To our knowledge, we are the first to report an independent association of PTX3 with overall mortality among persons with established and stable CVD, independent of systemic inflammation. PTX3 is produced by multiple cell types (peripheral leukocytes, vascular endothelial cells, smooth muscle cells, to name a few) and is produced in response to both inflammatory stimuli (IL-1, TNF-a, agonists of TLR, LPS) and anti-inflammatory stimuli (IL-10 and HDL).23 The finding that PTX3 is strongly associated with overall mortality in our cohort invites at least two interpretations. Vascular pathology may contribute to the overall risk of death in a cohort of subjects with CVD. Conversely, it is possible that this strong association with overall mortality relates to a non-vascular function of PTX3. The mechanism by which PTX3 is associated with overall mortality requires further study.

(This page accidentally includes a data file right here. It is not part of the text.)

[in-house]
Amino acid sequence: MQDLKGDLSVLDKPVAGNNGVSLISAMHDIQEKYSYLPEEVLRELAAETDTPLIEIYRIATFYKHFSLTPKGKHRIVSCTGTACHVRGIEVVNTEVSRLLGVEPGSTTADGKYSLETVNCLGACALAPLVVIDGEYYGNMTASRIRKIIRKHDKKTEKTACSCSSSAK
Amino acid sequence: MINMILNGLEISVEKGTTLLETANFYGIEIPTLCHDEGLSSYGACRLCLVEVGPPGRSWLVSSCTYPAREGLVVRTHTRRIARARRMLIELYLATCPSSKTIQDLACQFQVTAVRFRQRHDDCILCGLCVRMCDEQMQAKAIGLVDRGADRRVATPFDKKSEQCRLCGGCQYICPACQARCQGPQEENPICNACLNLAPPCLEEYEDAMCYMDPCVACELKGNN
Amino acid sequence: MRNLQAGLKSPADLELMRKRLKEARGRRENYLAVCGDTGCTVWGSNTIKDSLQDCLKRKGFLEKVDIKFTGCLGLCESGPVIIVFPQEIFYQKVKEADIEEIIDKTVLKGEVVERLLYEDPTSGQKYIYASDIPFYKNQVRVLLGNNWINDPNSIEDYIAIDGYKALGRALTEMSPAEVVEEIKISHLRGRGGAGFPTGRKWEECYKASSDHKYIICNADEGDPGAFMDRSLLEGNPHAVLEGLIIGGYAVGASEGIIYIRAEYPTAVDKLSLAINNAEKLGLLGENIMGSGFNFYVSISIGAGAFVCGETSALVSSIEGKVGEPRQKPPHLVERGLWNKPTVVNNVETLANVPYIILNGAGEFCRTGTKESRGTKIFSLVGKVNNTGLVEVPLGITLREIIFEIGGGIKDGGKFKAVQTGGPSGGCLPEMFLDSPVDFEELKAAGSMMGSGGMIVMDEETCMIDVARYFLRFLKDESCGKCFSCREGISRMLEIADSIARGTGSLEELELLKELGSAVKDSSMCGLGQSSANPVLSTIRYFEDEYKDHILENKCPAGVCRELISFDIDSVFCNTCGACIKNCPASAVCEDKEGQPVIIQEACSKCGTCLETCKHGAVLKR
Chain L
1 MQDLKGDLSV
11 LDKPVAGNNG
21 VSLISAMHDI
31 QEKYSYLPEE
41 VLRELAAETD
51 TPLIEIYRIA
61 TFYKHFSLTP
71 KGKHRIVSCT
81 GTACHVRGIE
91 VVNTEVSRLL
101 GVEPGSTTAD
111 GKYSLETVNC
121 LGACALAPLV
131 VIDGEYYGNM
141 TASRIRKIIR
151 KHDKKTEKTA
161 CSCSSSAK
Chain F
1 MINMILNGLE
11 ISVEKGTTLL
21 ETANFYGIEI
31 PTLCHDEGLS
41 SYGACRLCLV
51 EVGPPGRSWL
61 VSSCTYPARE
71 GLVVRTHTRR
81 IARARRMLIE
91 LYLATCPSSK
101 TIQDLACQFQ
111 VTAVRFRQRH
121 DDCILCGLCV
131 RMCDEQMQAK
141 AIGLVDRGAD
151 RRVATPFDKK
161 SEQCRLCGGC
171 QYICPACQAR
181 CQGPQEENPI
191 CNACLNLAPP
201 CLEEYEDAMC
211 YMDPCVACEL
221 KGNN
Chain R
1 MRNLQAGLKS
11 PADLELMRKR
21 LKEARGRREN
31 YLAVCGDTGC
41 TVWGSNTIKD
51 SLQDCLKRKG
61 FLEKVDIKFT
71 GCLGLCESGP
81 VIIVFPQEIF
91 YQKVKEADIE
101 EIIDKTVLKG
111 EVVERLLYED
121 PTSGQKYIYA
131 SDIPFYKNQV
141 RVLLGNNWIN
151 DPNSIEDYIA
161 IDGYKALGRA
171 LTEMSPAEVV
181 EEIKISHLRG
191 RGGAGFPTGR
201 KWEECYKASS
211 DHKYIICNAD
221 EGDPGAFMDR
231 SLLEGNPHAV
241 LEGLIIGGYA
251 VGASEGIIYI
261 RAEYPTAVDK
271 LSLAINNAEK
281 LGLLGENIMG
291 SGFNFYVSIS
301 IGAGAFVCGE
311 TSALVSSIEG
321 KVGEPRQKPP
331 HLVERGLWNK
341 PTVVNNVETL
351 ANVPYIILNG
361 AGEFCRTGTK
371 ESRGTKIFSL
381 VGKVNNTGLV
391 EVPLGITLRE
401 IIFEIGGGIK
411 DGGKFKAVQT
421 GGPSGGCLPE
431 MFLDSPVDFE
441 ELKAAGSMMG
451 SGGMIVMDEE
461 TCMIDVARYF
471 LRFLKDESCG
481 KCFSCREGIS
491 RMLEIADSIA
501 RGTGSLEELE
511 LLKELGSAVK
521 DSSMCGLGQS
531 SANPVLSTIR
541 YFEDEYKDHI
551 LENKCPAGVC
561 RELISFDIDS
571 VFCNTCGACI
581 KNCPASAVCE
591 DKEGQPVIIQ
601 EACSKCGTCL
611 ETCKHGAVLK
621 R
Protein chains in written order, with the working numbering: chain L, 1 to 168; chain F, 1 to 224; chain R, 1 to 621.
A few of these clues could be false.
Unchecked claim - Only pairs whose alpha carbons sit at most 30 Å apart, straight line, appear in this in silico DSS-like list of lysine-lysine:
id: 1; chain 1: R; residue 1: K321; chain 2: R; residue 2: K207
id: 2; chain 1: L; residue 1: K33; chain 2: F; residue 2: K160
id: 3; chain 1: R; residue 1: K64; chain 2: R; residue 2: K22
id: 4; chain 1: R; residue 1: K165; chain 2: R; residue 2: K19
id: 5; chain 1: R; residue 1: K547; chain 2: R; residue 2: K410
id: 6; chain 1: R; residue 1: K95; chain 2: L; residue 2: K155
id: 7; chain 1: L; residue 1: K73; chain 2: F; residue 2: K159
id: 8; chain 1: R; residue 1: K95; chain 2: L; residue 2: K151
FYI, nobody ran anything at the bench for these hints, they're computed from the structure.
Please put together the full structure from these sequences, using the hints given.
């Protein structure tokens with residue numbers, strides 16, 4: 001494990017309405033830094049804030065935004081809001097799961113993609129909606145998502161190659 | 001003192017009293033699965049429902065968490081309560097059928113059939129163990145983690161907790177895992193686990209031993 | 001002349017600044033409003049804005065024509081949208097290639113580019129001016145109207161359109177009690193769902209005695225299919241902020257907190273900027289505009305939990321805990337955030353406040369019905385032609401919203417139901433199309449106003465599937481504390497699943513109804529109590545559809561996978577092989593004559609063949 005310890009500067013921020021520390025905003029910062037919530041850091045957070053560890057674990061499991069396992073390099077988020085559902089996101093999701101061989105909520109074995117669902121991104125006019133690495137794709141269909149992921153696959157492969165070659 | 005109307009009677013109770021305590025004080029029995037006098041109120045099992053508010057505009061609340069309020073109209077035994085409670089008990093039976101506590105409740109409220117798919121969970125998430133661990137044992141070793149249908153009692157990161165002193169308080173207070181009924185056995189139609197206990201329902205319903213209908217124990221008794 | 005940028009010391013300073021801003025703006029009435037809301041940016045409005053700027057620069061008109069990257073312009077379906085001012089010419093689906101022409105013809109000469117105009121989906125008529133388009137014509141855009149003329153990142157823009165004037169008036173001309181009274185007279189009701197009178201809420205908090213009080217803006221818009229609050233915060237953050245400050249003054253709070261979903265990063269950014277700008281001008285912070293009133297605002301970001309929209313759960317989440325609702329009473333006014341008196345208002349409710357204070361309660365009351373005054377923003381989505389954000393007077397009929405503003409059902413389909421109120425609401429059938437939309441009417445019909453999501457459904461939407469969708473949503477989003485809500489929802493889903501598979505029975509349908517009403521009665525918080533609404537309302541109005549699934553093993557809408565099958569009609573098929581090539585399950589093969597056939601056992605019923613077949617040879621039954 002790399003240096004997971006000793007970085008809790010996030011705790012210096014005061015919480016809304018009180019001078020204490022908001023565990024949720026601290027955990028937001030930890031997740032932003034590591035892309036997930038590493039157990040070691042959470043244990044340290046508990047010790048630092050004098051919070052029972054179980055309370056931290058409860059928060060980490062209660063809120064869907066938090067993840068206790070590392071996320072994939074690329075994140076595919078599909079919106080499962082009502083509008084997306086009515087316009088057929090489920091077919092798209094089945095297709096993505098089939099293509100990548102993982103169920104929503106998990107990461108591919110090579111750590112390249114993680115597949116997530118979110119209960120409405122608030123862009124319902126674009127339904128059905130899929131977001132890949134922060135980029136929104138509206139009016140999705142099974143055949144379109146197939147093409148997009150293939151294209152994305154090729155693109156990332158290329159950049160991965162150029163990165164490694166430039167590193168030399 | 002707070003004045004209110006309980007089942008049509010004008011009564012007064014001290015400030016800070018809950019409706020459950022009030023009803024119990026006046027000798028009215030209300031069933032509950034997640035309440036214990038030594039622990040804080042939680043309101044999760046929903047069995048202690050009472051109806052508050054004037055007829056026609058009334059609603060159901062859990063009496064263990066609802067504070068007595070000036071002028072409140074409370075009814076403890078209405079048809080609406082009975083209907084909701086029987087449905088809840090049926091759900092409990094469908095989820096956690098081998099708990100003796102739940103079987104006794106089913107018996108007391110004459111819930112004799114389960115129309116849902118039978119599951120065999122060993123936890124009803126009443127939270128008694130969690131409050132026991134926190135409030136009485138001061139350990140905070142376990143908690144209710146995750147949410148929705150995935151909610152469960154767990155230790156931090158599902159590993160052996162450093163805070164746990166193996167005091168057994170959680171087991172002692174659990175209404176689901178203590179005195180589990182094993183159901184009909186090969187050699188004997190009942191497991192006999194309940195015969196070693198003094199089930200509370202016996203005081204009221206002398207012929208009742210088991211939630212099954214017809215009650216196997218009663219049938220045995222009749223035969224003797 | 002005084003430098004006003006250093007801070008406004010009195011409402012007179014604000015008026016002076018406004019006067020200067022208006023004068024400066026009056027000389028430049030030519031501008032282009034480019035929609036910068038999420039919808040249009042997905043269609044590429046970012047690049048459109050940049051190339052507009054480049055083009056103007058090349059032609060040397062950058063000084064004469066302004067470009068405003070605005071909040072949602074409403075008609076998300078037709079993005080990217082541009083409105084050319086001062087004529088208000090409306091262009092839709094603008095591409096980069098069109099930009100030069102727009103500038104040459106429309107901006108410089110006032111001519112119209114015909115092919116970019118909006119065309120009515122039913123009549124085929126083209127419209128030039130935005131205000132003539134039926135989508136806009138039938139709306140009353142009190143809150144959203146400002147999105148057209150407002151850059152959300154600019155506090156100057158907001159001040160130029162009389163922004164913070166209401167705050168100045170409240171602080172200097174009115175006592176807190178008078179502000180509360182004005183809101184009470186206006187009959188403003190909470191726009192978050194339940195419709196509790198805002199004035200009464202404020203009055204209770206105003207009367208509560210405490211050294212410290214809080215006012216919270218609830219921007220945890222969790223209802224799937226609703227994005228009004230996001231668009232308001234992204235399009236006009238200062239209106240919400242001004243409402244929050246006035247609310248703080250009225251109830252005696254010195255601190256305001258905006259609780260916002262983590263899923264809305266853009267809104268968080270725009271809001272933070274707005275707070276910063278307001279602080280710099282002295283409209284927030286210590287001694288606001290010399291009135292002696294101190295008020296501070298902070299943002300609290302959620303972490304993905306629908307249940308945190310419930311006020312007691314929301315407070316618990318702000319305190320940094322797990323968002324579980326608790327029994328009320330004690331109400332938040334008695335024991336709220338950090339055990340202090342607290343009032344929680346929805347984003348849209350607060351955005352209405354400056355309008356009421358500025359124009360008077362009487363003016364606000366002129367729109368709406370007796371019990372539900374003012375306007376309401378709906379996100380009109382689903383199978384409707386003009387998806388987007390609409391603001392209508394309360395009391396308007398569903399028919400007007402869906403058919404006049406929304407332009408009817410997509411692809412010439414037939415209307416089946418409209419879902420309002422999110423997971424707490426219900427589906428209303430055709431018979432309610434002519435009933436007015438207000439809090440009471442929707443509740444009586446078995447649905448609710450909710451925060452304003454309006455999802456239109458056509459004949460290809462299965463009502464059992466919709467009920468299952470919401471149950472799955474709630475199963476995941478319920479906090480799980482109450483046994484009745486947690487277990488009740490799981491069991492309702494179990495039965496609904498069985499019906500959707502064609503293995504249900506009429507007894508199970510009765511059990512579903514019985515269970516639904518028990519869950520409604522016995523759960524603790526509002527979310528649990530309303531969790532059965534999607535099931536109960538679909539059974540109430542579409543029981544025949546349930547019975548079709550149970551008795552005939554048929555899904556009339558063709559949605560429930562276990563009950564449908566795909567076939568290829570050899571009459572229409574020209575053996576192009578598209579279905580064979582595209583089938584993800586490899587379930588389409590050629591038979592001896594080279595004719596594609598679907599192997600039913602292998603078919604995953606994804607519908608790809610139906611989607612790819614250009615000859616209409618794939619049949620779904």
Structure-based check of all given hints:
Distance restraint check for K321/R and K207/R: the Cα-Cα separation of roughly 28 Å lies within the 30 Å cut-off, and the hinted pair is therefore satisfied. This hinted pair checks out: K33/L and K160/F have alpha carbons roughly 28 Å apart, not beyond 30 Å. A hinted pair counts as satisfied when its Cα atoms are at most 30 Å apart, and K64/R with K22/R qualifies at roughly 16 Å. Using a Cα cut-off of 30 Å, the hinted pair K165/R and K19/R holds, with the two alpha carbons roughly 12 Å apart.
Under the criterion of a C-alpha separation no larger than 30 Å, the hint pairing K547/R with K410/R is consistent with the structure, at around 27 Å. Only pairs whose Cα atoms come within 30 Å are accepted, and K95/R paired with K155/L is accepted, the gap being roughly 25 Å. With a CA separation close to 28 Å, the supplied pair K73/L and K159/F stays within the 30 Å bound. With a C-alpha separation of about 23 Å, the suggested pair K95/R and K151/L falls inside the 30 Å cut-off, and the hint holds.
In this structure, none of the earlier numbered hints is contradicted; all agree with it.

Our findings that PTX3 is associated with cardiovascular events and incident heart failure, independent of systemic inflammation are noteworthy. These findings are in accordance with prior reports suggesting that PTX3 may be more strongly associated with adverse outcomes after acute coronary ischemia than CRP and troponin1–2 and that it may be associated with cardiovascular death in an elderly cohort free of CVD.3 The association with incident heart failure is supported by previous findings that PTX3 is elevated in heart failure patients with normal ejection fraction.5 The mechanisms by which PTX3 is associated with cardiovascular outcomes remain unclear. Current investigations suggest that PTX3 may be part of a protective mechanism in vascular repair. PTX3 binds and inactivates FGF-2, an angiogenic growth factor responsible for smooth muscle proliferation involved in atherosclerosis.24–25 Knockout models in mice have been used to demonstrate that atherosclerotic lesions develop faster in PTX3 deficient mice.26 Cardiac ischemia-reperfusion injury was exacerbated in PTX3 knockout mice.27 Taken together, these findings suggest that PTX3 may be elevated in vascular injury as a protective mechanism, much like white blood cells are elevated during infection. Very high levels of PTX3 may indicate a more severe vascular disease state, explaining its ability to detect increased risk for adverse outcomes. Elucidating PTX3 pathways in vascular pathology may lead to a better understanding of risk for secondary events among persons with stable CHD.